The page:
Ukraine's foreign minister calling for 'Coalition of Freedom'

Ukraine Foreign Minister Pavlo Klimkin said Monday that the brazen Russian invasion of his country has him proposing a new "Coalition of Freedom," to defend democracy and Western values in a troubled world.

"It is about security for everyone," said Klimkin, during an exclusive Fox News interview on the eve of world leaders gathering in New York for the United Nations General Assembly. "If someone in this interchangeable and intertwined world cannot feel secure, how can U.S. citizens here feel secure?"

He says that Ukraine is confronting a threat any nation can face, adding "we need a network of security."  His proposed Coalition of Freedom would consist of "countries which are committed to freedom, to democratic values, where we are not talking about spheres of influence, but the values and real interests of democratic countries."

Klimkin said he faults the world body for failing to confront what he called Russia's invasion of Crimea, and eastern Ukraine. He also said that the West was effectively caught flat-footed by Russian President Vladimir Putin's shocking territorial conquest of parts of his country.

"I believe that NATO, the U.S. and the European Union were not ready for such developments, which have taken place around Crimea and now in Donetsk and Luhansk. Now all of us clearly understand the depths of these events."

Klimkin also is calling for "a fundamental change for the U.N.," which has been impotent in the wake of the first European invasion of another country since Adolf Hitler tested British, French and American resolve with the Nazi invasions of the 1930's.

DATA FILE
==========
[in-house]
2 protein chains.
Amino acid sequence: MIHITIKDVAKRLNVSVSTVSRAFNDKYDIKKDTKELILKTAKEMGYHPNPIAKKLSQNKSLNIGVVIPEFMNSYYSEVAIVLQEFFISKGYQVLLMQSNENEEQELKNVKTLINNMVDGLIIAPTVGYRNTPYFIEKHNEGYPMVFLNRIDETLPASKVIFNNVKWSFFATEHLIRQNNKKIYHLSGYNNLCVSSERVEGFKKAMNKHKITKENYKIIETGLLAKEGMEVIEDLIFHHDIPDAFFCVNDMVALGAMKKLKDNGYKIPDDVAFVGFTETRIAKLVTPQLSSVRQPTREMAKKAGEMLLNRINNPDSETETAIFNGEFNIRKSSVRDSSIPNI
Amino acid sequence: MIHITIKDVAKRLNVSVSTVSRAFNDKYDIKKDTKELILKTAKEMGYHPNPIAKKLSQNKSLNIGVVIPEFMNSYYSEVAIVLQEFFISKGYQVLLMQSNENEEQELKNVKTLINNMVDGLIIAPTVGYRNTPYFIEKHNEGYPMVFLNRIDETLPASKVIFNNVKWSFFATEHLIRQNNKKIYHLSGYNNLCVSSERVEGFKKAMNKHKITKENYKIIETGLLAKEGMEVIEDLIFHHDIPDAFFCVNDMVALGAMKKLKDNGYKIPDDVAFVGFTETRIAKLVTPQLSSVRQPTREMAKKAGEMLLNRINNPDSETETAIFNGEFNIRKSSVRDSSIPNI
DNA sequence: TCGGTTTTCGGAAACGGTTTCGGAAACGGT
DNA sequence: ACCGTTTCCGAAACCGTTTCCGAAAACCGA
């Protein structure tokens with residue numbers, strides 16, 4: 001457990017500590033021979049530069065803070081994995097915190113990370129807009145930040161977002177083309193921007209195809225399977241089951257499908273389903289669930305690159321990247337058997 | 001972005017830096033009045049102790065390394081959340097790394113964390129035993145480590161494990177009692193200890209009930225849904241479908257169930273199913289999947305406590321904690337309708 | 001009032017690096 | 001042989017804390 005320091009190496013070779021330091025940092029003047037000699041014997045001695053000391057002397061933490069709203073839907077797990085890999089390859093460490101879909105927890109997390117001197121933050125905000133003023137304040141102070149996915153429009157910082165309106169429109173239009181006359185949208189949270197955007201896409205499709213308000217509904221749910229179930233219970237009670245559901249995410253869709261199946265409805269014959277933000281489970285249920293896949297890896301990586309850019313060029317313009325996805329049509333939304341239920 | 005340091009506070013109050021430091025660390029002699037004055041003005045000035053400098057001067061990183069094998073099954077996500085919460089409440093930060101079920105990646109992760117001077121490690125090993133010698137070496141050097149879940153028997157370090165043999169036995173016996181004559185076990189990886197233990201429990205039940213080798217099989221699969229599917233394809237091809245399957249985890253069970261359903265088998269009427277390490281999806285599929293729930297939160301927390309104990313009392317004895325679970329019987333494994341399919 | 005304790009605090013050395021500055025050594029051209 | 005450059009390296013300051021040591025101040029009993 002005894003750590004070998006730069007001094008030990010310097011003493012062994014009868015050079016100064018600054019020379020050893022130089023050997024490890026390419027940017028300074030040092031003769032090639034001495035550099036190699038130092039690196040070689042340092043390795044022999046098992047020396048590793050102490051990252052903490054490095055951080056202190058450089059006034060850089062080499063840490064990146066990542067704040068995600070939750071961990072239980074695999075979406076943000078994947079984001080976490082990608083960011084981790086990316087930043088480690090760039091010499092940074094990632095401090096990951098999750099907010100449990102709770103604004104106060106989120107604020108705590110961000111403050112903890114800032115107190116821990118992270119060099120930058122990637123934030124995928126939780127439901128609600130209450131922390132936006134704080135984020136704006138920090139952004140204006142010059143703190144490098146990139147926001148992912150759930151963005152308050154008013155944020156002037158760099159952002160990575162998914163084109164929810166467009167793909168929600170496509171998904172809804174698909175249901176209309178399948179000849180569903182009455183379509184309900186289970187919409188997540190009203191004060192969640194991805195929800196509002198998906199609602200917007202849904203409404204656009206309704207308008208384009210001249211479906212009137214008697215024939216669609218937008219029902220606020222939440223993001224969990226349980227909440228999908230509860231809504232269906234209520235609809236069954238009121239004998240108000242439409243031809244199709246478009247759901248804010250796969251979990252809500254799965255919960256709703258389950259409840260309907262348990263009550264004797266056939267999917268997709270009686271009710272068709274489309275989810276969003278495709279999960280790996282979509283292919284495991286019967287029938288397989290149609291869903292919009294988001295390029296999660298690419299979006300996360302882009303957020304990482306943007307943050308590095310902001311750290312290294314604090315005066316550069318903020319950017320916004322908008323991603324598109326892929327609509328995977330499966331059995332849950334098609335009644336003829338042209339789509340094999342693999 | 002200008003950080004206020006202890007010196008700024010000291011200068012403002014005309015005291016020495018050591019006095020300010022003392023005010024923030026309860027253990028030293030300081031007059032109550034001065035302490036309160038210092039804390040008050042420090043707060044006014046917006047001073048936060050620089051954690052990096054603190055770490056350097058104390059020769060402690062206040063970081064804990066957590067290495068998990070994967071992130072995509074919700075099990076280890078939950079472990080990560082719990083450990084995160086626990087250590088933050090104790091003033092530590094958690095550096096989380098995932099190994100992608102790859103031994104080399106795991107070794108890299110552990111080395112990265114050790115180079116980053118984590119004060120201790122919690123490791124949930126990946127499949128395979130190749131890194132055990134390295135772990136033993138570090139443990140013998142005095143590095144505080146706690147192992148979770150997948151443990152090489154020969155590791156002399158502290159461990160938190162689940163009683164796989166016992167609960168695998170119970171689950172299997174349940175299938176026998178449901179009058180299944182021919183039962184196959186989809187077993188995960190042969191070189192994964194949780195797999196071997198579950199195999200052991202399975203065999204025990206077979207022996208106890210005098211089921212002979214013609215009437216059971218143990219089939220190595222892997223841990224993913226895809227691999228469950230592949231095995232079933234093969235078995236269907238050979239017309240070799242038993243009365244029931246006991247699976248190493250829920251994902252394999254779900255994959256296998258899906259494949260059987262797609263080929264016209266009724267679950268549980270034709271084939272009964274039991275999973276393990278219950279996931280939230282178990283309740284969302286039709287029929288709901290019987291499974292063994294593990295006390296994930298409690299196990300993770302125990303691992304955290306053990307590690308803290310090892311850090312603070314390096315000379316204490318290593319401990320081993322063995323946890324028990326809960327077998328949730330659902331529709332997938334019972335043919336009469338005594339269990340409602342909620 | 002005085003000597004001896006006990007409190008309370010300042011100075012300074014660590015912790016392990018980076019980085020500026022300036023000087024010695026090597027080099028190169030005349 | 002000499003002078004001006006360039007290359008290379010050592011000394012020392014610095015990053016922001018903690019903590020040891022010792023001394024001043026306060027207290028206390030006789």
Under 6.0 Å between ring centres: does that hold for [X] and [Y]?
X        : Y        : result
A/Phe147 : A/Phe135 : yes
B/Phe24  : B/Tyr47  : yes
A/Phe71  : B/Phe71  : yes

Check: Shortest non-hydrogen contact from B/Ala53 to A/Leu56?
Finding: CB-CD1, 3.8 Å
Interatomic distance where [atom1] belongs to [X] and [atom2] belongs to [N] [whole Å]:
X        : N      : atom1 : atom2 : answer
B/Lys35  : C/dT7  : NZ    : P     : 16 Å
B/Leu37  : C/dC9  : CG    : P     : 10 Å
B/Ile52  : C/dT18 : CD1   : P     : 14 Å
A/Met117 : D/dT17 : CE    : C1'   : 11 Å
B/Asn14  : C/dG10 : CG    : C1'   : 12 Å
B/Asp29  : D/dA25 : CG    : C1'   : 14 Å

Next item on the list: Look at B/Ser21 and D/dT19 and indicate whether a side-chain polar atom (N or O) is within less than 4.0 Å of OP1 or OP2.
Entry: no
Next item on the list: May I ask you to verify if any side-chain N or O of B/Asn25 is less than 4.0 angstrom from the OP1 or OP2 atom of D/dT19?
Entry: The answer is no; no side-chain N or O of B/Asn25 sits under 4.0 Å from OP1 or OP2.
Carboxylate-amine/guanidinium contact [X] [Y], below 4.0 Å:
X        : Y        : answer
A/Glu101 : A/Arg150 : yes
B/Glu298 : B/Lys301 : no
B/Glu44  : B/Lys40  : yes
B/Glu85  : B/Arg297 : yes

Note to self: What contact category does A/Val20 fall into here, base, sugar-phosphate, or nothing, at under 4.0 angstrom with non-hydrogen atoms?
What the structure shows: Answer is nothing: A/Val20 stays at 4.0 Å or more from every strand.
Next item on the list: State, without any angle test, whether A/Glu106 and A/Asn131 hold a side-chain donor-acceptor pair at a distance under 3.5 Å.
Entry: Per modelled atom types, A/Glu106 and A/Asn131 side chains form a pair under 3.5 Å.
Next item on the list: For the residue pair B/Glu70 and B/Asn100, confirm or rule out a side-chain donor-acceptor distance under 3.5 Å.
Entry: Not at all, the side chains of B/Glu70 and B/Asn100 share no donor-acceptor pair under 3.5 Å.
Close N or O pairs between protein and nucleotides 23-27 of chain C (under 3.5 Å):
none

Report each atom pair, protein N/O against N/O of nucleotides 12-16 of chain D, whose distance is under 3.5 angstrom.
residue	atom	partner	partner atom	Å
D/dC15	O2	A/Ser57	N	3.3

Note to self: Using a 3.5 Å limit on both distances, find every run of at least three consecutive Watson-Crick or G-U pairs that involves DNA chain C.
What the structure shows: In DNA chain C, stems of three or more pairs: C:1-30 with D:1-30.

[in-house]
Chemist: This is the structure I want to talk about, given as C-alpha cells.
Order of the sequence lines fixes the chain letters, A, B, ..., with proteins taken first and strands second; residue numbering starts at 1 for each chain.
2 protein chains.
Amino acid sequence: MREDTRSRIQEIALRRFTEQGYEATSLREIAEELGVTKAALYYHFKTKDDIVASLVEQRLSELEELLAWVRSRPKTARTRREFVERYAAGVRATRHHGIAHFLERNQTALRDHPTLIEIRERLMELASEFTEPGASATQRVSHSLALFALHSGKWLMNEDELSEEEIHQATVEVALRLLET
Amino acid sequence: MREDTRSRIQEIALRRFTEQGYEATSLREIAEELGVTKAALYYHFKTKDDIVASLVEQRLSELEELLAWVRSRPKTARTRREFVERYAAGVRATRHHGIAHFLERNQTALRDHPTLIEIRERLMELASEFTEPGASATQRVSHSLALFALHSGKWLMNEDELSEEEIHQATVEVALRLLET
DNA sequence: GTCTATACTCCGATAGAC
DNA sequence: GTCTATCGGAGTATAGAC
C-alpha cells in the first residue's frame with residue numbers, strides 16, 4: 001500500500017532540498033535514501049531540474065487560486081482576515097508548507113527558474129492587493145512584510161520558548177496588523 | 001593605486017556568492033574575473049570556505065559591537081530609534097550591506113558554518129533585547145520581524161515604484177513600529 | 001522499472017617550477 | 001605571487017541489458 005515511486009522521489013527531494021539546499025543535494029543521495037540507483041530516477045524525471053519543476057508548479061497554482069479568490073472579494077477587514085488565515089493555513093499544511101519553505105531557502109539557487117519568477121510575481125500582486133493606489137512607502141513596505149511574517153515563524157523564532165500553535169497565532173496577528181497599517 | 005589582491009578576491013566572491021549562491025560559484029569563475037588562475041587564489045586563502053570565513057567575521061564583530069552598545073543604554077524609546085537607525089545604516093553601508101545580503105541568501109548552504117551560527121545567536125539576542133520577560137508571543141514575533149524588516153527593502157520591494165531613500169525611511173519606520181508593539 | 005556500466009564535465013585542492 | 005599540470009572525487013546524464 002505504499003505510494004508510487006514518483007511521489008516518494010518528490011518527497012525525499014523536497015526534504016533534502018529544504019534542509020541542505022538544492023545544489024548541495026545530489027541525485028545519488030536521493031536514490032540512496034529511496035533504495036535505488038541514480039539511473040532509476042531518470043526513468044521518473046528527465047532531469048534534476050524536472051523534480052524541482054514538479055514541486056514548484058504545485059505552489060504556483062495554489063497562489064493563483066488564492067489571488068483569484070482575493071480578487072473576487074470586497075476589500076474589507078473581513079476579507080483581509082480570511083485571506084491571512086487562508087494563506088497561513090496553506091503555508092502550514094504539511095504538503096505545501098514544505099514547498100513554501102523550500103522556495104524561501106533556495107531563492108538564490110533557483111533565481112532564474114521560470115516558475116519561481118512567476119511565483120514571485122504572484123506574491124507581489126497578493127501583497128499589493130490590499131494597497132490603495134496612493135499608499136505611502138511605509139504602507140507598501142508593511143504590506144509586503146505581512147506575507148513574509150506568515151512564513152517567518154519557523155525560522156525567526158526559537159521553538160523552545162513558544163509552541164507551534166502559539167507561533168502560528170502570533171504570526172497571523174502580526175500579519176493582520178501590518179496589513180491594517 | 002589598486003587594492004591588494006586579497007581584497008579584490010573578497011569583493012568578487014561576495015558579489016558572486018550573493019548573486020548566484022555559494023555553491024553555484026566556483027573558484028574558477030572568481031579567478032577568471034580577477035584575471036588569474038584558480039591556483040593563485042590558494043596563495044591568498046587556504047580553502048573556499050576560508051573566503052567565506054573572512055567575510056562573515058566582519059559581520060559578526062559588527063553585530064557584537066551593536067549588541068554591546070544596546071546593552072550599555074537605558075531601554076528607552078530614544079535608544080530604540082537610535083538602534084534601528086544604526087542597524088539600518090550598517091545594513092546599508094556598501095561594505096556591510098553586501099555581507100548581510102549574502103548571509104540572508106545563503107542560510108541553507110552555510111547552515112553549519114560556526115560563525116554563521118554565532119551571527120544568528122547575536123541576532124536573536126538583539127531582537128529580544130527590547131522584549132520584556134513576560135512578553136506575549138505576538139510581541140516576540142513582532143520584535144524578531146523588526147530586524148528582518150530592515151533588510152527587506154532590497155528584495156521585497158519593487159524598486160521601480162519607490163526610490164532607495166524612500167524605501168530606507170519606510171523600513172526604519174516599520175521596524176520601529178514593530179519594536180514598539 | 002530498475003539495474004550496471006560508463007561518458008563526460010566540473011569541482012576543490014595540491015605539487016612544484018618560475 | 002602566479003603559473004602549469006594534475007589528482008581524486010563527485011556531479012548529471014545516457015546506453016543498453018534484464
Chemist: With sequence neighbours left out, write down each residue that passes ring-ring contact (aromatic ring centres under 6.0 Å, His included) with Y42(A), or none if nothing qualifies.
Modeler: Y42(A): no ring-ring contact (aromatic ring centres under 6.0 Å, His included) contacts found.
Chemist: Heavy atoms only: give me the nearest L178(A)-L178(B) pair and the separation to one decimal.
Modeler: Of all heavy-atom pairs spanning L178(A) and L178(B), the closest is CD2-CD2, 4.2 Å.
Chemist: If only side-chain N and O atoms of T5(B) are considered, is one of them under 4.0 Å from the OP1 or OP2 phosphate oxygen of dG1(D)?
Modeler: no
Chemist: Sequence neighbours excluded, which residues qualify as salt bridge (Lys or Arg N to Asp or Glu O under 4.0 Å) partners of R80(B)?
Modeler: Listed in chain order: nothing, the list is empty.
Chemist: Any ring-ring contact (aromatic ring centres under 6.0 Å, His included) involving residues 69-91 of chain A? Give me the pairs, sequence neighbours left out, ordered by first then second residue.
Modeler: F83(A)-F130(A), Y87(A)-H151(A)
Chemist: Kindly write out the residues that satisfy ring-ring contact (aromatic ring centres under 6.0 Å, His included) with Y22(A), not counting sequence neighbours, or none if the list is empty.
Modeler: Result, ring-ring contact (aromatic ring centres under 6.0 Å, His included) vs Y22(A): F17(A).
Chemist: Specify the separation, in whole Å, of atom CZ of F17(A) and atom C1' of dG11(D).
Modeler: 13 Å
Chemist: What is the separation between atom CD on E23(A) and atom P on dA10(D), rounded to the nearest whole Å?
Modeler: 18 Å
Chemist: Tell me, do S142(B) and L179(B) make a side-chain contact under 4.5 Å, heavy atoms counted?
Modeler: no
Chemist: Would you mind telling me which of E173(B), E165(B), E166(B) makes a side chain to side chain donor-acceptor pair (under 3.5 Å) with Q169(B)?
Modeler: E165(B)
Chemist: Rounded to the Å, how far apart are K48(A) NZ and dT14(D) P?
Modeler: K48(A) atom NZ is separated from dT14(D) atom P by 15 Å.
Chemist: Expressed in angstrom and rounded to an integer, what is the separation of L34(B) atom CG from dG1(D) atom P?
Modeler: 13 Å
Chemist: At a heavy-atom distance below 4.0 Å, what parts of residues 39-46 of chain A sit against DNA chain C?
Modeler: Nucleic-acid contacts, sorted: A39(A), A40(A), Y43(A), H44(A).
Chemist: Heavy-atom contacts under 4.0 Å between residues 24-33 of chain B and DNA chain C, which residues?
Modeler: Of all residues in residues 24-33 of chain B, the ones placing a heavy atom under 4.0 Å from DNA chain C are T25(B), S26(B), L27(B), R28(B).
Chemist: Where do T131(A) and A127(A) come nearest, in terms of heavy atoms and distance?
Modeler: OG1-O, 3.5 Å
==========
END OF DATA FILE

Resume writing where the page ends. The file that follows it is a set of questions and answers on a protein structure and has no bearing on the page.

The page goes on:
"If you see the whole inflow of mercenaries, money, weapons and heavy weapons into Ukraine, and it's all coming across the Ukraine-Russian border, if you see the presence of Russian troops and Russian heavy weaponry on our territory, it is an act of aggression."

Despite Russia's occupation of his country, Klimkin says Ukraine has "the solidarity of the Western world."

Supporters of Ukraine in Congress are also going beyond siding with Kiev in its fight against Moscow by seeking to provide military arms the country's forces need to face the Russian backed rebels.

President Obama has so far decided to only send non-lethal supplies to the Ukrainian military. The administration is reportedly concerned that weapons shipments would only embolden Putin even further.

Ukrainian President Petro Poroshenko spoke to a joint session of Congress and met with President Obama in the Oval Office last week, but came away without a promise for arms for his besieged forces.

"They need more military equipment, both lethal and nonlethal . . . blankets, night-vision goggles are also important, but one cannot win the war with blankets," Poroshenko said.

The Ukraine government supports a Senate bill, proposed by Sen. Robert Menendez and Sen. Bob Corker, which would provide $350 million in lethal aid that the White House has so far denied.

Klimkin is confident Congress will come through.

"We are very much grateful for a number of congressmen and senators for their support and solidarity for Ukraine," he said, predicting that "such assistance will definitely be granted to Ukraine; I am absolutely sure of that."

Klimkin insists Putin can only be stopped through "a full withdrawal of Russian troops and Russian weaponry from Ukraine, and we need to close down the border."

Putin's government has denied that its forces invaded Ukraine or provided  military equipment to the rebels, a claim Western nations see as farcical. The Russian United Nations Mission did not respond to a request for comment by Fox News.

Despite the challenges facing Klimkin's country, the 47-year-old veteran diplomat is optimistic and confident about Ukraine's struggle for maintaining democracy, sovereignty and self determination.

"We are being punished for our European choice," he says. "We are in the process of the fight for freedom, for European values and for Western values, and we will definitely pull it off."